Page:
I learned an important lesson in high school about preparation. Some peers and I participated in a talent show/fundraiser event. A group of us got together to perform a funny old song, the details are foggy (probably for a reason). I was the lead singer, and I was pretty confident about the whole thing, the band, my part, the quality of the material. We were really going to impress some people. Maybe I yet hadn’t learned how to pay attention to nervousness, maybe I just way overestimated my own abilities, or maybe a bit of both, but the level of preparation I gave to my lines was minimal. I only sort of had the song memorized, but I was sure it would all be in my head when the lights went bright and the music began. I was even confident that they’d be there after I forgot the first time, while on stage, and had the band start over. I even thought maybe I could piece it together after the second restart, while still on stage. Somewhere through the third disastrous start, my Dad, sitting near the front row, motioned for me to use the lyrics which I (thankfully) had in my pocket. The fourth try went mostly without a hitch, though I was so broken by that point I was having trouble even reading the words. For high school me, it was fairly devastating, but emotions run high in high school. I remember thinking that the thorough humiliation I had undergone was just a wound to my overworked pride. But my Dad talked to me afterward in the depth of my despair, and said simply, “you gotta prepare.” So I learned that preparation is important.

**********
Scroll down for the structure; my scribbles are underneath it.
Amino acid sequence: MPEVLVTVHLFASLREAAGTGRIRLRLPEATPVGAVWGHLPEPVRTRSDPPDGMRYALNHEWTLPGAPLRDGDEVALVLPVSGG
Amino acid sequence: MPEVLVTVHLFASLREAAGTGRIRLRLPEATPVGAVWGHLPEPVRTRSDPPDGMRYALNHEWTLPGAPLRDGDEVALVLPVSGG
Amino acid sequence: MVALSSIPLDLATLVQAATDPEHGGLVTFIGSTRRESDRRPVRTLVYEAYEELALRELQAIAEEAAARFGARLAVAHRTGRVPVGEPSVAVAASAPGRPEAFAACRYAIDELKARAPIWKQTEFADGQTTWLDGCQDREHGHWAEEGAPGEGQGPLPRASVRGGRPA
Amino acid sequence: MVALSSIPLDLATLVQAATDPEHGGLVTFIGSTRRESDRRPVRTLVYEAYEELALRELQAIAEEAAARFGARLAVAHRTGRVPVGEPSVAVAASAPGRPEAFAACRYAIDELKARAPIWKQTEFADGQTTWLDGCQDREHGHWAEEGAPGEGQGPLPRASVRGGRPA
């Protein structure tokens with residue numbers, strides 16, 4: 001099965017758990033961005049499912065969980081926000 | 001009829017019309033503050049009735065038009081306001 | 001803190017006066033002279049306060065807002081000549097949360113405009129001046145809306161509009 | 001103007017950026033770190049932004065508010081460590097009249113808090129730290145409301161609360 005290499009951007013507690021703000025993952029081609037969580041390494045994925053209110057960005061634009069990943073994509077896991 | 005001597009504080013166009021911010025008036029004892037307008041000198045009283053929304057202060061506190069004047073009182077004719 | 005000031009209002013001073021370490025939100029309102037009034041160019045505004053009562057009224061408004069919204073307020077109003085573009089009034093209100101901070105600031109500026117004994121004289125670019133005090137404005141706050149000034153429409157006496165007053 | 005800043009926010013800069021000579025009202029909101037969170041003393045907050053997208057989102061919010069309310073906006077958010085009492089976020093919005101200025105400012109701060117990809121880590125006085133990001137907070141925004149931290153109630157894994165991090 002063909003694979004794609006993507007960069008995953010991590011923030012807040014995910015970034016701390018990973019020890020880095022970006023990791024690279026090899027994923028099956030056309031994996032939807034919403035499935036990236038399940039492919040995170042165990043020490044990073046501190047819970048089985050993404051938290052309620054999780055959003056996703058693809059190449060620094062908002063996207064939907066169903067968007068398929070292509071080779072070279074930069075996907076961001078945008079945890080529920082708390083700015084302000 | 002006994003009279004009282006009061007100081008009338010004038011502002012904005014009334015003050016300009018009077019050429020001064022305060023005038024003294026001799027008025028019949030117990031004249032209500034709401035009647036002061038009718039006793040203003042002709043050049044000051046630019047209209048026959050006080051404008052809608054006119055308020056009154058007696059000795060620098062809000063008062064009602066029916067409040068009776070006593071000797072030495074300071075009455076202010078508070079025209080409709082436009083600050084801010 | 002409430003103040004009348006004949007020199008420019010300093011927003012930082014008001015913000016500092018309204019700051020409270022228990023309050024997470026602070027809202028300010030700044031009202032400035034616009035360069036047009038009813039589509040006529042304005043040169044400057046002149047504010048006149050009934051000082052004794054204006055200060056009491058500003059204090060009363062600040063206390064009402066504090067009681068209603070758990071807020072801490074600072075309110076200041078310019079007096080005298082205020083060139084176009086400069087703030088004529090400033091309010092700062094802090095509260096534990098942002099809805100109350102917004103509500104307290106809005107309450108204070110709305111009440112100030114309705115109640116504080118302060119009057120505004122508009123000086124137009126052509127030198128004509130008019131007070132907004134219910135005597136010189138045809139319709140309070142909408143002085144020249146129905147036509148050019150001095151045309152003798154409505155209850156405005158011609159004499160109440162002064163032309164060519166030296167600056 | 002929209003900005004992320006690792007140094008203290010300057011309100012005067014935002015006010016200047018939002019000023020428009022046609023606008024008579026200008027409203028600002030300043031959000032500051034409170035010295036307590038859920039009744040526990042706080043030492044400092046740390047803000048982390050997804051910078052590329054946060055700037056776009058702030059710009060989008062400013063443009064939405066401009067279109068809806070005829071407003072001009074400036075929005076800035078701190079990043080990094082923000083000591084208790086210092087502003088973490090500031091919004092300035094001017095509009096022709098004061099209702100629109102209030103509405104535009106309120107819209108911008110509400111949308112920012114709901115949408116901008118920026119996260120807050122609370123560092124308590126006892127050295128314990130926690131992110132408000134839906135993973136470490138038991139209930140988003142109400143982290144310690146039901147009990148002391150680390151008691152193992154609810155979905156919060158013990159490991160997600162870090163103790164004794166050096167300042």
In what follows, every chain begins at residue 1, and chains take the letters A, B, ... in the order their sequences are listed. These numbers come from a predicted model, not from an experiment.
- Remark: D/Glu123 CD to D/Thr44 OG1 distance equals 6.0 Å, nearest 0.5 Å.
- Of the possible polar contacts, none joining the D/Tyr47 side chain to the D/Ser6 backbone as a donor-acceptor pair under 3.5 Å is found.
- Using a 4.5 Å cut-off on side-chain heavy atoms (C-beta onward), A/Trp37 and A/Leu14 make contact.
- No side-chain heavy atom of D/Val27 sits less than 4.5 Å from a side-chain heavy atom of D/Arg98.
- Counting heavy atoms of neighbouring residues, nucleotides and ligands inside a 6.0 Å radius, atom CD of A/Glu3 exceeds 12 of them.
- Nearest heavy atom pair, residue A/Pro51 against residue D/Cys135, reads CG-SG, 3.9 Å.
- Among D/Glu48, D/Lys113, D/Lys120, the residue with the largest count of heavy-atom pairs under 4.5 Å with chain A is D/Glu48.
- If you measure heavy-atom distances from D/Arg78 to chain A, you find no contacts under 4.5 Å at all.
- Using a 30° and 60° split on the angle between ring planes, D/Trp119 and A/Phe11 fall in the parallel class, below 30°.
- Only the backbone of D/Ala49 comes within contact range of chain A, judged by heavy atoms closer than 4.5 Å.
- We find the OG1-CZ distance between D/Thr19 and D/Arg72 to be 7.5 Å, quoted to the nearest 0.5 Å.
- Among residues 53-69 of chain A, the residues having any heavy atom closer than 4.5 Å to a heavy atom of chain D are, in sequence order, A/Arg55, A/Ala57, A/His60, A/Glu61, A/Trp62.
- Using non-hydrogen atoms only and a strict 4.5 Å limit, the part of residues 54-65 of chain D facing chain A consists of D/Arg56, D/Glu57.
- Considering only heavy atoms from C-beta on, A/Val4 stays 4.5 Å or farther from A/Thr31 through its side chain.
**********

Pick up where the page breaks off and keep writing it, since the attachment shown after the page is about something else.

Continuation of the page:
In college, this important lesson was reinforced in a much happier way. I’m not usually a performative type person, but I ended up in another performance event (as I think back, my brother was an instigator for both of these groups and he does have the performance gene), this time lip-syncing. We gathered a few close friends, five us of in all, and set out to imitate NSYNC’s famous ‘Bye Bye Bye’ dance. We spent hours upon hours in the basement of our small college gym, dealing with crappy wifi and incomplete YouTube videos, rehearsing the beautiful (depending on the refinery of your tastes) choreography of NSYNC. The crowd was significantly larger this time (and included my future wife), the lights brighter, the music louder, and the stakes much higher. But this time an amazing thing happened, the first try went off without a hitch! And not only that, but we also won the category for ‘best applause’! We were a hit! So I learned that preparation pays off.
Preparation usually isn’t a lot of fun. The fun part is the game, or the performance, or the meeting, or the presentation, or whatever it is. But here’s the deal, the fun part sucks if you haven’t prepared, and it can be better than you hoped if you have.